South Sudan's chance to be the first major consumer of Uganda’s excess electricity may not be realised soon as the country still lacks interconnection lines to evacuate power.
This was one of the items on the agenda at the August 24 meeting between President Yoweri Museveni and his South Sudan counterpart Salva Kiir at State House Entebbe. Also featured was the extension of the road to Juba.
A source told The EastAfrican that the two leaders noted the plans were behind schedule, as power interconnection projects under the East African Community Power Pool were in 2015 planned for commissioning by 2020.
South Sudan is an oil producer, but it exports crude and the government has a huge fuel import bill, spending $1.6 billion per year on fuel products, half of which goes to power generators.
In addition, the United Nations peacekeeping mission and international humanitarian operations are almost exclusively diesel-powered, with a combined budget of more than $2 billion per year, according to a 2018 United States Institute of Peace (USIP) report.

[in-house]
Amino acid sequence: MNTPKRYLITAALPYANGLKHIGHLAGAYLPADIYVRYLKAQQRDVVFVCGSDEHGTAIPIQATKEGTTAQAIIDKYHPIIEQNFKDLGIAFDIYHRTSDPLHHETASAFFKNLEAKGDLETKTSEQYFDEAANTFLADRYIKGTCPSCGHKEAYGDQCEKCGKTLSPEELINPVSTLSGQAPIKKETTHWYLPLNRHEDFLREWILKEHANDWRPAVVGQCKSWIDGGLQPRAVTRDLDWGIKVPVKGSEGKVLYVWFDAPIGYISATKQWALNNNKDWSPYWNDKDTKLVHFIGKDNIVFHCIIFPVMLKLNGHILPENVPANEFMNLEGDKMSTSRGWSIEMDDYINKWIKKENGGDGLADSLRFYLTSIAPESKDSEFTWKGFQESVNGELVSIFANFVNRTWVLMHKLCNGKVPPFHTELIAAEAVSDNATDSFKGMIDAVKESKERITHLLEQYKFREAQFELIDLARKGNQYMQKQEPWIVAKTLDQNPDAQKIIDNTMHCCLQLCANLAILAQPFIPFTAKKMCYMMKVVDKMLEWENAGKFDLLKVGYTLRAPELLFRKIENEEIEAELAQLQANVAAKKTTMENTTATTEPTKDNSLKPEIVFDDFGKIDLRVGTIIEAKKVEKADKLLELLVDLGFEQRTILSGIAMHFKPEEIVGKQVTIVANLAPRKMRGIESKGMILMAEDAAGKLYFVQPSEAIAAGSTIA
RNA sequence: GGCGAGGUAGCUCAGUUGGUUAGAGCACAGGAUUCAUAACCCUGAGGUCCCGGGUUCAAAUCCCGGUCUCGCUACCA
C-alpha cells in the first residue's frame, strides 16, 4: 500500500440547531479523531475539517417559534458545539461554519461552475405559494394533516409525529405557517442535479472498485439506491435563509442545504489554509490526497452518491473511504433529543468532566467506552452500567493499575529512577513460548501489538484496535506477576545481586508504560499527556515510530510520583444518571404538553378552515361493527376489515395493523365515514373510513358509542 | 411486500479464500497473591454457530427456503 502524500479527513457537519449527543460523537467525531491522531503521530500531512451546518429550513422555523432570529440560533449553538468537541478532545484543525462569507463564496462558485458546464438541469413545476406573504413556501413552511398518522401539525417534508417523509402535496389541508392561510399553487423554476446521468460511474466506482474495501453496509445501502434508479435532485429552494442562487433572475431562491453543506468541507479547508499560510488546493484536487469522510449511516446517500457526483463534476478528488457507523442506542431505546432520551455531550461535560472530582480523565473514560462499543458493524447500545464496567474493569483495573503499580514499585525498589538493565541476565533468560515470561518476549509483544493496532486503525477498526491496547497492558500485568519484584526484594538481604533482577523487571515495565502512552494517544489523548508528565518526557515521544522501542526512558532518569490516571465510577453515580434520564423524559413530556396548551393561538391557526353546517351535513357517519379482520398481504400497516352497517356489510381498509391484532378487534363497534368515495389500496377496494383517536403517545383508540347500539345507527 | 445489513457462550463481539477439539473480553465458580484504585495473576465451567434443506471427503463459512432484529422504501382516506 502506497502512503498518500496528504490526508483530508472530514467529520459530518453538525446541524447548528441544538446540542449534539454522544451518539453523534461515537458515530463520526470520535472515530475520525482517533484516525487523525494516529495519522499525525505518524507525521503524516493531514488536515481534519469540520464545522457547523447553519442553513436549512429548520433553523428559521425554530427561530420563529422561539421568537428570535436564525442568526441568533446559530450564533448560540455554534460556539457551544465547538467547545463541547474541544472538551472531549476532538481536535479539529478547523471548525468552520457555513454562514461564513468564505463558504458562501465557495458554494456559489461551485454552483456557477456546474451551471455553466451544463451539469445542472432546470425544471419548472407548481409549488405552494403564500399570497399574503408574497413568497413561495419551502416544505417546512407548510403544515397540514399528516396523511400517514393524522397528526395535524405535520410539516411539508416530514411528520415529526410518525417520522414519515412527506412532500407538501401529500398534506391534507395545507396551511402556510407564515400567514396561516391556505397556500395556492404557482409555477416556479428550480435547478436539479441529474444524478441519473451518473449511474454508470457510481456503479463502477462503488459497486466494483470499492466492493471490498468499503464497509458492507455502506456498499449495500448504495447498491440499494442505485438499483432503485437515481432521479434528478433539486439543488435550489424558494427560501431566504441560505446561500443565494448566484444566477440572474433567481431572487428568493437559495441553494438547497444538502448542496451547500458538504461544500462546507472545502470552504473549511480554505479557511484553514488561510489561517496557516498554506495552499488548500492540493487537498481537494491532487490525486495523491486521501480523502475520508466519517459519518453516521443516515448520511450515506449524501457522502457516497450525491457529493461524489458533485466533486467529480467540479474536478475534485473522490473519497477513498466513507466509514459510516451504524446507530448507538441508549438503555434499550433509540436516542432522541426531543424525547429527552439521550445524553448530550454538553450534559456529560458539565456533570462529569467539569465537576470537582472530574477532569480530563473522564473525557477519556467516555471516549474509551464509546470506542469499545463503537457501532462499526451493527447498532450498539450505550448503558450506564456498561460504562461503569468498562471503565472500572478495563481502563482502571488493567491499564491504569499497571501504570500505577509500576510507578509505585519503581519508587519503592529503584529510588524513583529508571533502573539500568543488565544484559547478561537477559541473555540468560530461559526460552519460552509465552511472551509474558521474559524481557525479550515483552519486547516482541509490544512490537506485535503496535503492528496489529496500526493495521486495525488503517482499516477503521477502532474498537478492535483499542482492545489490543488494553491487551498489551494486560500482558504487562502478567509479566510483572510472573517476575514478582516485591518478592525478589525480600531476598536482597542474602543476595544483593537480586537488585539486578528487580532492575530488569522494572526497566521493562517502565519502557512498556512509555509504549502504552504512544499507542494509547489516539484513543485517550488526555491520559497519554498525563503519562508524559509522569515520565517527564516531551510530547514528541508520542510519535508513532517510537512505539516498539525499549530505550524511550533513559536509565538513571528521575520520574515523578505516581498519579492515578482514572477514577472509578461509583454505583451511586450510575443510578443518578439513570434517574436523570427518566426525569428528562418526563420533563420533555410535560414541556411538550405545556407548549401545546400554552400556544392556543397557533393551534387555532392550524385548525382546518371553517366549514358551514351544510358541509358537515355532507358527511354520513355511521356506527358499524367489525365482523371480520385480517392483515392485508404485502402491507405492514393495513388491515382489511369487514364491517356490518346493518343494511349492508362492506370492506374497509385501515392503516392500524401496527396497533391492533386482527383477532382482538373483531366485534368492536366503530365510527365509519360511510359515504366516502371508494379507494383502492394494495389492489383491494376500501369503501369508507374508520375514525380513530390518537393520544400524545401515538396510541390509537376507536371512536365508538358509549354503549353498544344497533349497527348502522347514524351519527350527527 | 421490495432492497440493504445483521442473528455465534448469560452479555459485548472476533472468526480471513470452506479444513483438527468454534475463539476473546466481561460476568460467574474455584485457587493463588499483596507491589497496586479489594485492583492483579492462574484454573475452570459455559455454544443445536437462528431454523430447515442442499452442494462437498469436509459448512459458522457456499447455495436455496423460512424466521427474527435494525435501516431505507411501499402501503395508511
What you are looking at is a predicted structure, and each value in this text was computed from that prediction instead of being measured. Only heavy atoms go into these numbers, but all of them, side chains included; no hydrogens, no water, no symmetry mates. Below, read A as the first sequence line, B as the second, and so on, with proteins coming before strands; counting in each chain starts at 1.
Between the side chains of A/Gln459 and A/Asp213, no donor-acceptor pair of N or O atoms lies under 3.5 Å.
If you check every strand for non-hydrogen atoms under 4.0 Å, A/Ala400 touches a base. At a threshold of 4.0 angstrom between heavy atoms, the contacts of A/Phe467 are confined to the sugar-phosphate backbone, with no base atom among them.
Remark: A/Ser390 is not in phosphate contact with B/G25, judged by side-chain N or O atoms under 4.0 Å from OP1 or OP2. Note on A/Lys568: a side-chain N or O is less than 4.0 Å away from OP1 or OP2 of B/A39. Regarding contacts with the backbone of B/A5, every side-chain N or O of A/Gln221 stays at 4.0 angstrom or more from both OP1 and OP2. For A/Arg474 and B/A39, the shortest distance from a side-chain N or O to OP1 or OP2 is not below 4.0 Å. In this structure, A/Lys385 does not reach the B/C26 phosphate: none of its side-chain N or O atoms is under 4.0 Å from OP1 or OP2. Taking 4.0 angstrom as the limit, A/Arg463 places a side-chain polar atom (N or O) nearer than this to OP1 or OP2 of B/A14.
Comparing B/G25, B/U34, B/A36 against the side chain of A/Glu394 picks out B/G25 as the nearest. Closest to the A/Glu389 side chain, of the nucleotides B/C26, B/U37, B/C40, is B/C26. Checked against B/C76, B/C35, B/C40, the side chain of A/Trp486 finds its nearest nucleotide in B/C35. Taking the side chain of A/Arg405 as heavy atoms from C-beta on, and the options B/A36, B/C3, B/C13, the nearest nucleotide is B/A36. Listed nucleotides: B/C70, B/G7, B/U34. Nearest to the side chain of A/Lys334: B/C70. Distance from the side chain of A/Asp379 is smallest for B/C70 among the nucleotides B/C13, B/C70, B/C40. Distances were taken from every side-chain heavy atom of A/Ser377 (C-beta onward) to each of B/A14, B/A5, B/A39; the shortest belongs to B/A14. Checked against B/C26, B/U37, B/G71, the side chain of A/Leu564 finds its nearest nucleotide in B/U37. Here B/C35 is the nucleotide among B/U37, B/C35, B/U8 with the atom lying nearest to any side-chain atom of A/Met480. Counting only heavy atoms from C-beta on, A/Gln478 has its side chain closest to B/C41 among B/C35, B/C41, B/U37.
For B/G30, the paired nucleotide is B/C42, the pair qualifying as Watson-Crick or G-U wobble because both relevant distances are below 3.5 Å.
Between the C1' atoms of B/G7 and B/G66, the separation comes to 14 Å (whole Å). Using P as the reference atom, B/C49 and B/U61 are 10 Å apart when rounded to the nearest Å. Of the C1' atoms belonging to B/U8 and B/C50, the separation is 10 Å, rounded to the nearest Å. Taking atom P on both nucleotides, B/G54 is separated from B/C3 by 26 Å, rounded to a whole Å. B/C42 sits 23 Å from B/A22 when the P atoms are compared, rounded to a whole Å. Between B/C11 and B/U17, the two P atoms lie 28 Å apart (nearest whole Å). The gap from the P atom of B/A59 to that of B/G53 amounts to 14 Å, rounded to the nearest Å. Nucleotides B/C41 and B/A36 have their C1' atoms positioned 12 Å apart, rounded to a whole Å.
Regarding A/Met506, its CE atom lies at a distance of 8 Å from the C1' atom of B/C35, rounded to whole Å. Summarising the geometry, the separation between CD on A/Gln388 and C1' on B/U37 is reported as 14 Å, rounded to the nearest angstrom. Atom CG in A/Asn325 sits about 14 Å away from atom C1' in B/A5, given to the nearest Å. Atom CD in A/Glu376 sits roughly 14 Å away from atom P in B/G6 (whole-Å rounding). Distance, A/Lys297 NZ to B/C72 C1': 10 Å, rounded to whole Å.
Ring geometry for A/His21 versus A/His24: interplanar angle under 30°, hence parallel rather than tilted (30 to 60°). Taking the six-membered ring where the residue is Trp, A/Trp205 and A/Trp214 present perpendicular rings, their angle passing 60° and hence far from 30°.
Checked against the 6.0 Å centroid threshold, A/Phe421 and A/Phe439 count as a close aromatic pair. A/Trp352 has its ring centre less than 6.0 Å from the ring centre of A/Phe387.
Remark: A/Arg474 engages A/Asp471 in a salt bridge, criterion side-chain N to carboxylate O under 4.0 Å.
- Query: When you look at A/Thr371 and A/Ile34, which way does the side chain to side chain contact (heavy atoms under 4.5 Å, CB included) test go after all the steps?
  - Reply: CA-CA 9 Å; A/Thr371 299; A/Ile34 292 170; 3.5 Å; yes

South Sudan presents a good export market for Uganda, whose installed capacity currently stands at 1,167MW.
When the 600MW Karuma hydropower dam comes online, the country’s total installed capacity will be more than three times the current peak consumption of 600MW.
Following up on a memorandum of understanding in 2015, Uganda signed an agreement with South Sudan in October 2017 to supply power via a 400kV line from Karuma hydropower dam, which authorities say is set for completion by the end of this year.
South Sudan’s installed capacity stands at about 131.4MW against an estimated demand of 300MW, and is expected to rise to 1400MW by 2040.
The current average tariff in the country stands at $0.43 per kWh, which is high compared with most countries in the region including Kenya and Uganda whose average tariff range between $0.24 per kWh and $0.35 per kWh.